Learn to control your diabetes

People with diabetes do not produce enough insulin, do not produce at all, or their cells do not respond normally to insulin. Insulin is an important hormone produced by the pancreas that allows glucose, a type of sugar, to move blood to body cells. The cells then use glucose for energy. But if there is not enough insulin or if it does not correct the passage of glucose into cells, it remains in the blood. This results in an increased rate of glucose.

In Canada, more than 3 million people have diabetes and about one third of adults do not know they are affected. The Canadian Diabetes Association believes that 3.7 million people in Canada will have diabetes by the year 2020.

There are 3 main types of diabetes: type 1, diabetes type 2 and gestational diabetes. Type 1 diabetes occurs when the pancreas can not produce insulin. All people with type 1 diabetes must take insulin every day. Less than 10% of all diabetics are living with type 1 diabetes.

Type 2 diabetes occurs when the pancreas does not secrete enough insulin and / or when the body does not use insulin properly. It usually appears in adulthood although it can sometimes reach children. Is treated type 2 diabetes by changes in lifestyle (diet and exercise) and antidiabetic drugs (oral drugs or insulin). Over 90% of diabetics suffer from type 2 diabetes, which is closely related to weight and obesity.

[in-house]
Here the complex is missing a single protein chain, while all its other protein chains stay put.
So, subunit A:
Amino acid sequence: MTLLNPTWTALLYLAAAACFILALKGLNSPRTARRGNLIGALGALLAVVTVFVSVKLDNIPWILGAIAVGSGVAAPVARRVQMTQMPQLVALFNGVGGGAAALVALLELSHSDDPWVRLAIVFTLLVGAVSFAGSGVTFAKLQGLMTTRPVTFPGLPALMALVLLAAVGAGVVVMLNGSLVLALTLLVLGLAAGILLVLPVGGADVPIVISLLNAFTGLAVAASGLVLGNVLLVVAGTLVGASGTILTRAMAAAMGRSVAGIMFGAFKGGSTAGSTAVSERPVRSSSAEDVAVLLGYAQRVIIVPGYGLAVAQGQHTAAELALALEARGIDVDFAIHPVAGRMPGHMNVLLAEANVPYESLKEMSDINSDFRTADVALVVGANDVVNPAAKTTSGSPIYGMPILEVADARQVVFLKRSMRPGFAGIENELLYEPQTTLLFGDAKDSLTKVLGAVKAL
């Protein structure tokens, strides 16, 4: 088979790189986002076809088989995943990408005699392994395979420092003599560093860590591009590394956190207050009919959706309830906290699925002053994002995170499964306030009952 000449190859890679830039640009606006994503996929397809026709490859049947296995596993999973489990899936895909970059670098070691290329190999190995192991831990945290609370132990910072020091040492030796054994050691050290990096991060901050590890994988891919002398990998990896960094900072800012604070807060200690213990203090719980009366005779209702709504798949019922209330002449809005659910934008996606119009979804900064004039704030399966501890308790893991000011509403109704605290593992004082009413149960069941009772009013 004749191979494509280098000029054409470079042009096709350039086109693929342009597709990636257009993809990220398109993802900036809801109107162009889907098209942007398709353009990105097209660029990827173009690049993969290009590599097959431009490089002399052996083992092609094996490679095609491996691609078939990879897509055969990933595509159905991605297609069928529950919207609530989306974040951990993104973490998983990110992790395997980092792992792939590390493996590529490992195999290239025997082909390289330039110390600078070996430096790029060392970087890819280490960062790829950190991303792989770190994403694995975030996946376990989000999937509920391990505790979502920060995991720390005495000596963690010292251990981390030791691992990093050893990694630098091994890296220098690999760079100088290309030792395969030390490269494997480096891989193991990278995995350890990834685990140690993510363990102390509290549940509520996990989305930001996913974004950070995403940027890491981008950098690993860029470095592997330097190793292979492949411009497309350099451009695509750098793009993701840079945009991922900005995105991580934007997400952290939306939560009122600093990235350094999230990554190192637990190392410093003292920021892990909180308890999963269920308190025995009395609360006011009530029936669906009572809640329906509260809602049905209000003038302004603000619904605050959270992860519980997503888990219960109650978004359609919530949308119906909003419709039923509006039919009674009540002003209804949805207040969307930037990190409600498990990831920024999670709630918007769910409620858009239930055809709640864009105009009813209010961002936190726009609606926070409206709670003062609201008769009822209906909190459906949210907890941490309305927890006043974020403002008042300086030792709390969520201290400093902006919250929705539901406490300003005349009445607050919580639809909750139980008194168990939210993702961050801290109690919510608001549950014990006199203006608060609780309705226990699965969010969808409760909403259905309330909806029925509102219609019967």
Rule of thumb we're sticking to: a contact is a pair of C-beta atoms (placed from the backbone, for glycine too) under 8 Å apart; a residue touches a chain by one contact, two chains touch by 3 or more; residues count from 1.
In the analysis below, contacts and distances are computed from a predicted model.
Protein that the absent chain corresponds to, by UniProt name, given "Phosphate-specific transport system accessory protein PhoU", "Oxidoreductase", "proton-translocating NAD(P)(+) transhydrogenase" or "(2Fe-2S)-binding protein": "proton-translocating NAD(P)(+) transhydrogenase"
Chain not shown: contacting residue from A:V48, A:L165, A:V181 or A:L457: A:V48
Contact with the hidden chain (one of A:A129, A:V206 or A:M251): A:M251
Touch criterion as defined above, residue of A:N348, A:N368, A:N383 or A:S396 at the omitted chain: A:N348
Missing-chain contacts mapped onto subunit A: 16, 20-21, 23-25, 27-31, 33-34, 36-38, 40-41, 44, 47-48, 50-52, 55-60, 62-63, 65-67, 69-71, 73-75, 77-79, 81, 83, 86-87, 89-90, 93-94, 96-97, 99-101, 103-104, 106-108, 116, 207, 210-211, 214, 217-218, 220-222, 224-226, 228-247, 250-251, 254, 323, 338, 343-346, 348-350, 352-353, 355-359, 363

Gestational diabetes is a temporary type of diabetes that occurs during pregnancy. It is estimated that gestational diabetes appears in 2% to 4% of pregnancies. The occurrence of gestational diabetes increases the risk for both the mother and her baby from becoming type 2 diabetes later.

Some people with type 2 diabetes suffer from what is called a “reduction in glucose tolerance” before the diagnosis of diabetes is made. Body has become less sensitive to the effects of insulin, it must work harder to stabilize the glucose in the blood. These people have a blood sugar (glucose) higher than normal but lower than the rate required for a diagnosis of diabetes. As with type 2 diabetes, the body produces insulin but it is insufficient or improperly used by the body.

Studies have shown that blood sugar (glucose) as near as possible to the normal level can help in the long run, reduce the risk of problems associated with diabetes such as nerve damage, kidney disease, and blindness (non-psychic). Whatever your type of diabetes, you should measure your blood sugar frequently and follow a treatment plan for stabilization. Your doctor and pharmacist can show you how to monitor your blood sugar.

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